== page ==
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Autoantibodies directed against voltage- or ligand-gated ion channels and their associated proteins at the neuromuscular junction give rise to a family of neurological autoimmune diseases. Antibodies to acetylcholine receptors or muscle-specific kinase present on the postsynaptic muscle membrane are associated with different forms of myasthenia gravis (MG). Antibodies to the presynaptic voltage-gated potassium and calcium channels are responsible for acquired neuromyotonia and Lambert-Eaton myasthenic syndrome (LEMS), respectively. The patients respond to immunotherapies and their plasma can transfer defects in neuromuscular transmission to mice, indicating that these are antibody-mediated conditions. In a small proportion of cases, ion channel antibodies have also been implicated in neurological dysfunction in the central nervous system. In these conditions, a proportion of the patients have an underlying tumour, thymoma in both MG and neuromyotonia and small cell lung carcinoma in LEMS, emphasising the putative role of autoimmunity to tumour antigens as a cause of neurological disease.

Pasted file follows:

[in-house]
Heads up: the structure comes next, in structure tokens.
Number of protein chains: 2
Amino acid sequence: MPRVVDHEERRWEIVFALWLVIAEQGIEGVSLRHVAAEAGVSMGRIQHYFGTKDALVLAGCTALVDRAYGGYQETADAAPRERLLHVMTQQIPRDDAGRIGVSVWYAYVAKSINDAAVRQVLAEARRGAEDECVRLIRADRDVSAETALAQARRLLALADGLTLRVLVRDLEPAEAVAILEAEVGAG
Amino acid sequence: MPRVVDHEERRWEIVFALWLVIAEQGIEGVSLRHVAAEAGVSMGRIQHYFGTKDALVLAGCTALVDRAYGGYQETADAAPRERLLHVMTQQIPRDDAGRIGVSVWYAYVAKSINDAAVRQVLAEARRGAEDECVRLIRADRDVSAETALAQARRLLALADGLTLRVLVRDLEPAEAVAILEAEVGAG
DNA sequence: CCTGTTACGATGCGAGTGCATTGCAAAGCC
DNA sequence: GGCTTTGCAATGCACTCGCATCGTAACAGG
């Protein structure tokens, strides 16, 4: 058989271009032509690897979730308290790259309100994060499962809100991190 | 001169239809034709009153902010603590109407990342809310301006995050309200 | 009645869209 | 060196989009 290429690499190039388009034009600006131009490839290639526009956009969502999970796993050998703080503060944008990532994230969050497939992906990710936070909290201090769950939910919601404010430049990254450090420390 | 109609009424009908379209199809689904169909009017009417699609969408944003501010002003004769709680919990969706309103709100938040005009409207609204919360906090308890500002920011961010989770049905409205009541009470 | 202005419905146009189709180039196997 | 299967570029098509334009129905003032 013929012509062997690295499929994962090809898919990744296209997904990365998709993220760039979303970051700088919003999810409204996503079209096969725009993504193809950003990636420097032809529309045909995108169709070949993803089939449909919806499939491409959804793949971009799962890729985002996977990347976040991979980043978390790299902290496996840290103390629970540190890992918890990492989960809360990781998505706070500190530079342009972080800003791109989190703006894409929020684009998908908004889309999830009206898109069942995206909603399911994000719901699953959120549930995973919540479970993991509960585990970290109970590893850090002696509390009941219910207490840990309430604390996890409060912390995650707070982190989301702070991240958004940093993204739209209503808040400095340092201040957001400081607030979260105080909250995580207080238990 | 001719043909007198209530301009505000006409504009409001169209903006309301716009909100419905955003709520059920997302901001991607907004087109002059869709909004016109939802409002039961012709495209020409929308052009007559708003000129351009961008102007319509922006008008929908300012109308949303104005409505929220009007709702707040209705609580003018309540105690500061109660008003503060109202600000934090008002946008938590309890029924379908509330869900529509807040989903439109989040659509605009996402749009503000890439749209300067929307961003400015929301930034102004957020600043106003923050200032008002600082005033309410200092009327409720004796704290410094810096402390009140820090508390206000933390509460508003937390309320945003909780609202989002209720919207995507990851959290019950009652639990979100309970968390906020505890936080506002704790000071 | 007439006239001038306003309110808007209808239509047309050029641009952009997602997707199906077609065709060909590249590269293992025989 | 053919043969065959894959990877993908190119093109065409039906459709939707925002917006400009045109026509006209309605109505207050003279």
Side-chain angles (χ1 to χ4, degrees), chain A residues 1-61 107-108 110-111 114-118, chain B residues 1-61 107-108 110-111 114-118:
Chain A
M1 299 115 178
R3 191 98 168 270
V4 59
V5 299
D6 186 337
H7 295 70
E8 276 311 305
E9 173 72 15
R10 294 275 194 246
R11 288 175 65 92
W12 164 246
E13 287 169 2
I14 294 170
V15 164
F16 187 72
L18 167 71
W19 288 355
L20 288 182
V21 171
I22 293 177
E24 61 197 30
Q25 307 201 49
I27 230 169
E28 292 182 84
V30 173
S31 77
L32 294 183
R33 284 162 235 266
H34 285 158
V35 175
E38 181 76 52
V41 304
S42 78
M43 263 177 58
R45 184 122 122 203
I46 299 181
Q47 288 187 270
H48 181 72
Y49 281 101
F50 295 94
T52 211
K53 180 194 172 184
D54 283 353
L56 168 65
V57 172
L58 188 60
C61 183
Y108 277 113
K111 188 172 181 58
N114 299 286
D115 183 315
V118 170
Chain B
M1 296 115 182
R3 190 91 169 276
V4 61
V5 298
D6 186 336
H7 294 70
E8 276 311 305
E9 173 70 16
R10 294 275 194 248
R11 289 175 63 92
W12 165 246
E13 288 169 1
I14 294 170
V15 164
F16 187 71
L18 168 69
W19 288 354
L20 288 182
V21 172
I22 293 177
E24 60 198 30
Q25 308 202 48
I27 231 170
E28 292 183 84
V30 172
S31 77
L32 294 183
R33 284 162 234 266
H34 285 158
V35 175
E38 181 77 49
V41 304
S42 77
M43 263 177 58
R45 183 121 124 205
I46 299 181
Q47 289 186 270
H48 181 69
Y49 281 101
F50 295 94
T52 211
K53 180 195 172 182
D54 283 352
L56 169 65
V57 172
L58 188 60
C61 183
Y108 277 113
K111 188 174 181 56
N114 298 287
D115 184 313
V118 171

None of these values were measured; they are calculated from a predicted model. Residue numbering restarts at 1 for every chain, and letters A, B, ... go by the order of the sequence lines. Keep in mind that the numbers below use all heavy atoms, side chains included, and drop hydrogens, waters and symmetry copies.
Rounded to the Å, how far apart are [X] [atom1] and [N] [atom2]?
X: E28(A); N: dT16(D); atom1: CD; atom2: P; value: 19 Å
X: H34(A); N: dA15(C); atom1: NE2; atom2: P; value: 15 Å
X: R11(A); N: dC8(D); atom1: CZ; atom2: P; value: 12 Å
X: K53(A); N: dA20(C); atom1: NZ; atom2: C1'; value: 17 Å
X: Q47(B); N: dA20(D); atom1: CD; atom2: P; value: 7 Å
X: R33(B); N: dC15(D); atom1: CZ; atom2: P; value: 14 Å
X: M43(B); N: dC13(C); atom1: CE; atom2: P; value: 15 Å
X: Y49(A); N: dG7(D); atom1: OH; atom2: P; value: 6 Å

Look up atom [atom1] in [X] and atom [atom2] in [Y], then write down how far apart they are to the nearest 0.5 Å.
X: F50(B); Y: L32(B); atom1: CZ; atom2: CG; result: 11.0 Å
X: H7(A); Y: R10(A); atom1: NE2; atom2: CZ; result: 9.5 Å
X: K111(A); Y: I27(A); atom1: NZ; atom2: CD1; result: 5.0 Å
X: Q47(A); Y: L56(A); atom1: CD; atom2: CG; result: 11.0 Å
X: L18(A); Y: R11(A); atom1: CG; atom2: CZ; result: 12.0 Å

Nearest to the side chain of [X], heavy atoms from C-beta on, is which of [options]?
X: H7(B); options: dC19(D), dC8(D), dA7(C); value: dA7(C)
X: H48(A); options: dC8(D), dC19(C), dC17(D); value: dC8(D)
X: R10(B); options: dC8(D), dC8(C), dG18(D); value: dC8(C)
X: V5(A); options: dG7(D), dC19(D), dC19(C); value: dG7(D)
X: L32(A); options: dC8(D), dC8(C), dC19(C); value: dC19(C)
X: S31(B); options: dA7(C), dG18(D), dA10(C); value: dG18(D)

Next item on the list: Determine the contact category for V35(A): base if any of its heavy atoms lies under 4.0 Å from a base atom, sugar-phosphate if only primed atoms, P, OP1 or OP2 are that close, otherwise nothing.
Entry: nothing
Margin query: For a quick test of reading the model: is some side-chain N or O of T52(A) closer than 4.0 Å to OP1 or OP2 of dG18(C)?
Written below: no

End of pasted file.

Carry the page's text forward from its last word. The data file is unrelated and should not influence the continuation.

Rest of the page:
Journal article


Autoimmun Rev

Publication Date





94 - 100


Animals, Autoantibodies, Humans, Ion Channels, Isaacs Syndrome, Lambert-Eaton Myasthenic Syndrome, Models, Biological, Myasthenia Gravis, Neuromuscular Junction